Actually, not only is reading your work aloud permissible, you should consider making it a mandatory part of your writing and editing process.
It’s part of mine. When I’m ‘combing’ through passages looking for errors, I’m also seeking rhythm and flow. The best way for me to find it is to read the passage out loud.
It surprises me how different it can sound–and how my tongue will trip over a missing word that my mind is sure was there just a second ago. Words that I used two paragraphs back suddenly shout at me, saying, “Yo! I just had my turn! Use someone else!”
Reading a paragraph out loud will help me avoid sentence structures that repeat themselves as though fired from a Gatling gun, or combinations that are singsong, morphing into some bizarre nursery rhyme.
My voice helps me to find the cadence of the scene, to rearrange words and build sentences that reflect the emotion of the moment, and my ears tell me when something just plain doesn’t work.
I never release my writing to the outer world without reading it out loud, beginning to end, multiple times. It doesn’t matter if it’s a business letter, my blog, or a fiction piece that may or may not be complete. For me, it’s the last vet check before the gate opens and the horse bearing my words races down the track.
So when I was asked if I would like to read a scene or two from Watcher during the open-mike session of a poetry reading, I had no hesitation.
While in town on business, I called my friend, Sharon, who is doing some editing work for me, and asked about getting together. She kindly invited me join her for dinner with a few other friends on Poetry Night, and it was then that she asked if I would like to read from Watcher.
I knew immediately that the opening cemetery scene contained enough emotion and imagery for a verbal ‘performance’ –for that is what it really is when you read your work aloud for an audience. But I was unsure of which passage to read for the second half of my five minutes of fame. I practiced a few the evening before the dinner, intending to consult with Sharon before making the final choice.
As it turned out, several of the dinner friends actually run the Poetry Night. Dr. Andy Jones and Brad Henderson are both University of California Davis literature professors and well-known local poets. The other dinner guests, besides Sharon and me, were the featured poets of Poetry Night. Susan Wolbarst and Allegra Silberstein are accomplished and published poets, and in 2010, Allegra was named the first Poet Laureate of the City of Davis.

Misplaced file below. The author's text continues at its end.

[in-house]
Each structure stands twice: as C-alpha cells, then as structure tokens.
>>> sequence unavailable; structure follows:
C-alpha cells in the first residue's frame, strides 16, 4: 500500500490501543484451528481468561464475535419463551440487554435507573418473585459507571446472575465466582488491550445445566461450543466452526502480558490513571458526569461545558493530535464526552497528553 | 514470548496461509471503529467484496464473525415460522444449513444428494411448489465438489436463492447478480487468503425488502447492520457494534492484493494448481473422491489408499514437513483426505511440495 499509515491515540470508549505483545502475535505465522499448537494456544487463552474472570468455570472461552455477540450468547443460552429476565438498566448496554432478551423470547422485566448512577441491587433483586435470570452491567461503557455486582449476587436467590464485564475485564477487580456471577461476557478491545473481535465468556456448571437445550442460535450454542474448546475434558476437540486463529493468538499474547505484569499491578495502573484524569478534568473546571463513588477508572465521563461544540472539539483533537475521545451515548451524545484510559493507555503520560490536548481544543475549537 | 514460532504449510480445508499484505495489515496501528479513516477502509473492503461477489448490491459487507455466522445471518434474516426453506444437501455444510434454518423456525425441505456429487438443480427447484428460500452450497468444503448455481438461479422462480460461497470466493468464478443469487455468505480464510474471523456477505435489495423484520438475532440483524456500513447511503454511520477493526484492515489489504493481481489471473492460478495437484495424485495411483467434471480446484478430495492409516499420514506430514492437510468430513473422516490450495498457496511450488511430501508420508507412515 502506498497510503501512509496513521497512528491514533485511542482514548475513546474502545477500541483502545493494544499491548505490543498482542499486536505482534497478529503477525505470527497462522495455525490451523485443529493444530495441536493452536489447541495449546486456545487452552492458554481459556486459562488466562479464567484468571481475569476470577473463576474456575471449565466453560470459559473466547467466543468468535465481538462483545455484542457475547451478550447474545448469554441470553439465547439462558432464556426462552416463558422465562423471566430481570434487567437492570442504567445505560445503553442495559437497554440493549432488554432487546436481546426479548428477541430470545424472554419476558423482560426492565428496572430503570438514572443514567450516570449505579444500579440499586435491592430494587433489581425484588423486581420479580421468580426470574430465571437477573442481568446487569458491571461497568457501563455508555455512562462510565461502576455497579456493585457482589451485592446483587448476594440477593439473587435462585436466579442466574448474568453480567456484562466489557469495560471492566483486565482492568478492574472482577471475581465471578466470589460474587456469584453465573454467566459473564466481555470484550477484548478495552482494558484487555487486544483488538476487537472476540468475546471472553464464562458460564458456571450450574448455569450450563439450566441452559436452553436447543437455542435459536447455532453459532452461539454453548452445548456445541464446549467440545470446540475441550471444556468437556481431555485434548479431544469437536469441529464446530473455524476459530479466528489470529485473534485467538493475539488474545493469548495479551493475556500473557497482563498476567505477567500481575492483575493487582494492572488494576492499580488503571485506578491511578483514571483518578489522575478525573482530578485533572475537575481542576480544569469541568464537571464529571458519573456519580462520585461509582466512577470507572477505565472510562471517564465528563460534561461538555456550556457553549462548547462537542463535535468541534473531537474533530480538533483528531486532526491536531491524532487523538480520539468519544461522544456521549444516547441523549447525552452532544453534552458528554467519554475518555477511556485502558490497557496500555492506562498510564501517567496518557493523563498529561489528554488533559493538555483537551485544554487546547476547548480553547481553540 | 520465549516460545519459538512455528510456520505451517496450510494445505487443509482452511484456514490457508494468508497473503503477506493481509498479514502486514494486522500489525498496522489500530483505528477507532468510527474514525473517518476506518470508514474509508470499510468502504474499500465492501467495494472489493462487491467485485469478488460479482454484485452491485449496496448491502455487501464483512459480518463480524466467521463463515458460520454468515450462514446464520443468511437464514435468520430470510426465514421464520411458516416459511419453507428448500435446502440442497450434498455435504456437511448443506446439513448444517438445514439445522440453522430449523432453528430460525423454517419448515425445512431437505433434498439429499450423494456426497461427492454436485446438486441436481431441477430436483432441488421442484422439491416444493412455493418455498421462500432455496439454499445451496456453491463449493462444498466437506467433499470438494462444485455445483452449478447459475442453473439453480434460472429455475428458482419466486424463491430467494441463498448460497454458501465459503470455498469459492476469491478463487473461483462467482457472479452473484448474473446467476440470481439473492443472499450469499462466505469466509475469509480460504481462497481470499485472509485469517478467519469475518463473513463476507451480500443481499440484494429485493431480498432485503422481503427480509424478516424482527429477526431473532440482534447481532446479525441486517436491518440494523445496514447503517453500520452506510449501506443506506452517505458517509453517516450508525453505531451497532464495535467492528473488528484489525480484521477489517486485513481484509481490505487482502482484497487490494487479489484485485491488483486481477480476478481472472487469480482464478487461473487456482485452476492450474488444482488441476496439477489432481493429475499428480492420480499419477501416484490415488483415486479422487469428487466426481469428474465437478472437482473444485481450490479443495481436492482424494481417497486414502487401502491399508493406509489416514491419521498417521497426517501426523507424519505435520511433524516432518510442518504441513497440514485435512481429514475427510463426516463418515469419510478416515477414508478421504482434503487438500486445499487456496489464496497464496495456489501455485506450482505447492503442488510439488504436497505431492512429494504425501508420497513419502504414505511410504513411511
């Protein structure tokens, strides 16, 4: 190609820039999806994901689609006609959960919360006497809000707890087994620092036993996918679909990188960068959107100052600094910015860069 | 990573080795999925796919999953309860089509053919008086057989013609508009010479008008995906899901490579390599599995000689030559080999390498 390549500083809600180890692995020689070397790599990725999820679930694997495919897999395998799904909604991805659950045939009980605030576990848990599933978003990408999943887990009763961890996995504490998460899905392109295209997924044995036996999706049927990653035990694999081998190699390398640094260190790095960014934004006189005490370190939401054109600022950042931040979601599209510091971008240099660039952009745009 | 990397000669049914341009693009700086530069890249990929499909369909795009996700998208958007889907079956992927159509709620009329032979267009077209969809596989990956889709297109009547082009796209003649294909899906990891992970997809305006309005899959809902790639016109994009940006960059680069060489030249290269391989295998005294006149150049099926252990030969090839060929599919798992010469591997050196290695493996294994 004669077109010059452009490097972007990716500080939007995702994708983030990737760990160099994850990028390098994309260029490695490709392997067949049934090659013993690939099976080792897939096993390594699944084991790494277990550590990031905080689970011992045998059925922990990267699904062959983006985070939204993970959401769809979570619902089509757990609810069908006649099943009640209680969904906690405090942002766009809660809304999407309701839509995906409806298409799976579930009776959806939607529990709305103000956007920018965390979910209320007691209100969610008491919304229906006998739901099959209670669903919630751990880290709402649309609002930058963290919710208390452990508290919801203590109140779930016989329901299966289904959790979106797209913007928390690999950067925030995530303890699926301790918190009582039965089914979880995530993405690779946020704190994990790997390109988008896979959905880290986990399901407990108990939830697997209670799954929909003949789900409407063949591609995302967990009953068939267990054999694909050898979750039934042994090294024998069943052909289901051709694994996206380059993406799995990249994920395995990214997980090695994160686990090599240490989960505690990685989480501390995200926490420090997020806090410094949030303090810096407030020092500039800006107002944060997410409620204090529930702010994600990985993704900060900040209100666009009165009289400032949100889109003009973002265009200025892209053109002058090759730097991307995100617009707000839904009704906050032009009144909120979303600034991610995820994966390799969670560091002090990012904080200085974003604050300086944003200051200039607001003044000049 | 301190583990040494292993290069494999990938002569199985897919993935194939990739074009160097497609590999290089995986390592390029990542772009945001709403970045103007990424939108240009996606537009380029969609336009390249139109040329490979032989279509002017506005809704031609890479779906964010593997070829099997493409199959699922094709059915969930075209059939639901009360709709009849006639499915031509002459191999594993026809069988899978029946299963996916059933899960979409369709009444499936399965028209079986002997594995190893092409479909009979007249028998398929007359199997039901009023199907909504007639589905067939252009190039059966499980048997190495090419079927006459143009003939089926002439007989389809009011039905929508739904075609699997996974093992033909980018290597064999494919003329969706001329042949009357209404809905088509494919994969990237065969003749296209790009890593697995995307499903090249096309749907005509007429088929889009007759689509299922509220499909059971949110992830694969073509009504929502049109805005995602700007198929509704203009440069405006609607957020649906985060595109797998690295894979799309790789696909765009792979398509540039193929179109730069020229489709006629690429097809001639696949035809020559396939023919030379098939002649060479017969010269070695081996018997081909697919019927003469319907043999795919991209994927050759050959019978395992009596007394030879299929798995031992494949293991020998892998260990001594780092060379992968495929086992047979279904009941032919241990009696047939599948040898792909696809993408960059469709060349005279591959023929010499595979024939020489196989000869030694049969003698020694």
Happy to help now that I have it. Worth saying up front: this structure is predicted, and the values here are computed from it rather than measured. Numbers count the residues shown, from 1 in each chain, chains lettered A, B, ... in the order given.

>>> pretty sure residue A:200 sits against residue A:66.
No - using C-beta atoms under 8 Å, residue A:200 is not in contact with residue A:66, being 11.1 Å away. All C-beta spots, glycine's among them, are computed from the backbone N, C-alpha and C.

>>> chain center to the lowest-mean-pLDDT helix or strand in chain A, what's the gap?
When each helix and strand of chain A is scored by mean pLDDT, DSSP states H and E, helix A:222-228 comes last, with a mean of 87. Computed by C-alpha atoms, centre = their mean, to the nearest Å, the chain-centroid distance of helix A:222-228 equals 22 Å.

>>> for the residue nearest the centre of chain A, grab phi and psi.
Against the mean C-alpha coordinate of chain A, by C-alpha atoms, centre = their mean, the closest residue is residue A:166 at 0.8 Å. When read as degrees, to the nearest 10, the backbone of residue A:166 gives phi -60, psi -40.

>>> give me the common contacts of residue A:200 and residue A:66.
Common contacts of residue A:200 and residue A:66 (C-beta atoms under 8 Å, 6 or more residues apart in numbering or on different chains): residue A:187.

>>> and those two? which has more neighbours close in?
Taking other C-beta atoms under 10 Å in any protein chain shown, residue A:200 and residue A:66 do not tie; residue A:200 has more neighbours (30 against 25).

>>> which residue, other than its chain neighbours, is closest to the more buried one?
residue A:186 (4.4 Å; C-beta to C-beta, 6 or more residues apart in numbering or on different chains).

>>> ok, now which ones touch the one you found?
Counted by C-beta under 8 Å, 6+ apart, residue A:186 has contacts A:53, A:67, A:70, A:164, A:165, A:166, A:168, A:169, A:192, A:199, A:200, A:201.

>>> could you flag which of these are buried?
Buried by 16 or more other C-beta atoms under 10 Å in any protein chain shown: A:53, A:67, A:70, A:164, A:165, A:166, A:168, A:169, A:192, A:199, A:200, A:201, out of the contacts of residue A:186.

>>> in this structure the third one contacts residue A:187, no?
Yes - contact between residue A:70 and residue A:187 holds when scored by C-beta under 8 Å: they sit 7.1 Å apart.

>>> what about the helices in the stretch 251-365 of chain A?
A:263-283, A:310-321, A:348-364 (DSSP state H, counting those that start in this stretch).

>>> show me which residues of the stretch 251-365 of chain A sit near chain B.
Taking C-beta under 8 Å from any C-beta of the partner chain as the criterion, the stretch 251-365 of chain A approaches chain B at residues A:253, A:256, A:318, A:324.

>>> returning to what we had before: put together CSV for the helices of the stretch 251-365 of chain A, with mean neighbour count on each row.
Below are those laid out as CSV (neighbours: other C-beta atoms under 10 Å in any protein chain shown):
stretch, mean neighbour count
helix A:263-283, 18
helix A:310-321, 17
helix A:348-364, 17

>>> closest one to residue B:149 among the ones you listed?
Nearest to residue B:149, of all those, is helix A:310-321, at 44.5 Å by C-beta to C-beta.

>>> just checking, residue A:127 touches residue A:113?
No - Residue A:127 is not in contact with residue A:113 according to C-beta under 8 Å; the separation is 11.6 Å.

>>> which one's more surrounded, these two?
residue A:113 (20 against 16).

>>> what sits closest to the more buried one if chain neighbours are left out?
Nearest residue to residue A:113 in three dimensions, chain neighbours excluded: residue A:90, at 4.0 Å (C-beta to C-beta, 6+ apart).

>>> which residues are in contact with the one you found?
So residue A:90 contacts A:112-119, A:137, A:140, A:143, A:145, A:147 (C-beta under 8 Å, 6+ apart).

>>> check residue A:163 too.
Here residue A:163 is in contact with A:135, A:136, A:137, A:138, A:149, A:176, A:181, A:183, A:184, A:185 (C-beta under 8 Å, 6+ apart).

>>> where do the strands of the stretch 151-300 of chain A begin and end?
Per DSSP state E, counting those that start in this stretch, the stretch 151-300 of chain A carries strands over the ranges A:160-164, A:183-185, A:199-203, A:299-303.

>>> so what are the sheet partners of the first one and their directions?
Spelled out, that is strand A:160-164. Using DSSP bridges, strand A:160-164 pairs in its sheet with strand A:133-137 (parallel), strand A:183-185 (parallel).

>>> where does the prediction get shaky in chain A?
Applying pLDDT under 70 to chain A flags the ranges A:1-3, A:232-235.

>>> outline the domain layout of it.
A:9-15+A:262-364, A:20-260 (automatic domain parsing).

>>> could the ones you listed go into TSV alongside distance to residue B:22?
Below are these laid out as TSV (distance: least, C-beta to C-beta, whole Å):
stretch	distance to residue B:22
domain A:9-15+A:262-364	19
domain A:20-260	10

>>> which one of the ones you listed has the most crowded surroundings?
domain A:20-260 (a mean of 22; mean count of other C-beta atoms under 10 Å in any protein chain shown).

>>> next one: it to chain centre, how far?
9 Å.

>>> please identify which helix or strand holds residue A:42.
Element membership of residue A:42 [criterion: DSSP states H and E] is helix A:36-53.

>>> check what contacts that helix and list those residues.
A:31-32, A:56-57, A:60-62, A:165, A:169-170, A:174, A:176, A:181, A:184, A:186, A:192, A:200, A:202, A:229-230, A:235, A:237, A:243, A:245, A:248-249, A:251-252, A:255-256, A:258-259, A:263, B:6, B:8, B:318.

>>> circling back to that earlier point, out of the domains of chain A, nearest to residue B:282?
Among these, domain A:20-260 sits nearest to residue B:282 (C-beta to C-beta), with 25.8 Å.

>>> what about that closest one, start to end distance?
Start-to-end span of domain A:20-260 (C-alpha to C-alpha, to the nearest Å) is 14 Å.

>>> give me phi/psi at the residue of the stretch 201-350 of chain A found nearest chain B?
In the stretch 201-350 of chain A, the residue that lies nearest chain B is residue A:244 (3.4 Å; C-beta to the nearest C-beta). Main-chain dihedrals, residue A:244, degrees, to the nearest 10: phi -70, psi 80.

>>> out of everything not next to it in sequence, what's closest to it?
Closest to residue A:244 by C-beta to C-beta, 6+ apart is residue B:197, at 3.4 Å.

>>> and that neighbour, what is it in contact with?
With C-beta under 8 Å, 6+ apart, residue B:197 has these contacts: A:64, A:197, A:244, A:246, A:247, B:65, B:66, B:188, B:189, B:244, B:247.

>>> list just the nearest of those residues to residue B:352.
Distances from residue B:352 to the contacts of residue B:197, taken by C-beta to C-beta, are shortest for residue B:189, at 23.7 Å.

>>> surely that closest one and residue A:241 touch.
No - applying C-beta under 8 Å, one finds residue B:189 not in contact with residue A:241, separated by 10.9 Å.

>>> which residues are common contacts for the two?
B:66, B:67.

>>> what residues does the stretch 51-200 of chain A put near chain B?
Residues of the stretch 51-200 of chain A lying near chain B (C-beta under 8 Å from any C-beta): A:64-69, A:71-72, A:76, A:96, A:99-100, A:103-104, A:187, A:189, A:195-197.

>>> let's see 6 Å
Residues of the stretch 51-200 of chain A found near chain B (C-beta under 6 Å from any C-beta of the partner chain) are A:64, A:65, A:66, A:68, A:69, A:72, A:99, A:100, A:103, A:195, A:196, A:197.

So I was in pretty distinguished company and was suddenly more than a little intimidated by the ears and judgments of the people I would be reading to. But Sharon reassured me (she is a huge fan of Watcher) and together we made the decision on which passages I would read. One, of course, was the cemetery scene. But the other was one I had not practiced the night before. Yet it was another scene with enough vivid imagery that I felt it would read well, and so I took the chance and read it unpracticed.
But it wasn’t really unpracticed. Because when I wrote it, and during the dozens of editing sessions that I’ve subjected Watcher to, I read it out loud. Over and over again. Granted, the last time I’d read it was probably four or five months prior to Poetry Night. But it was well-vetted verbally, and I knew this horse would fly smoothly down the track.
As I listened to the poets and other performers, I blocked all thoughts of my impending time in front of the mike, refusing to give into the nervousness that I knew was lurking. And when I stepped up on the stage and began reading, I forced myself to stay calm and read slowly, and let the horse I’d trained have a little bit of rein.
The words flowed in that cadence I’d schooled them into, and the scene maintained its emotional rhythm throughout its run. And I believe the audience caught a good glimpse of Sunny’s pain as she watched her daughter place flowers on her empty grave.
I took a deep breath and turned to the marked page of the second scene. And as I began to read of falling snowflakes, fluffy cushions of downy white, and the unpainting of nature’s colorful forest canvas, I could feel Sunny’s amazement and joy, and I can only hope some of that was able to reach the audience through my voice.
As I left the stage to the appreciative sound of more-than-just-polite applause, I smiled as I realized that I had just read excerpts from a vampire novel (the dark stepchild of popular fiction) to a group of poetry lovers who likely had no idea that the subject in the scenes lived on blood.
And surprisingly, I wasn’t embarrassed by what I’d read or how I’d read it. I was proud of it, in spite of the fact that admitting I write vampire fiction is a bit embarrassing itself. And I believe I felt that way about my performance because I’ve been practicing those scenes for my own ears for well over a year now.
So not only am I suggesting you read your work aloud during both the writing and the editing phases, I recommend you look for opportunities to read it aloud for others. You may discover something important about your work, and you may find a renewed sense of faith in what you are putting on the page.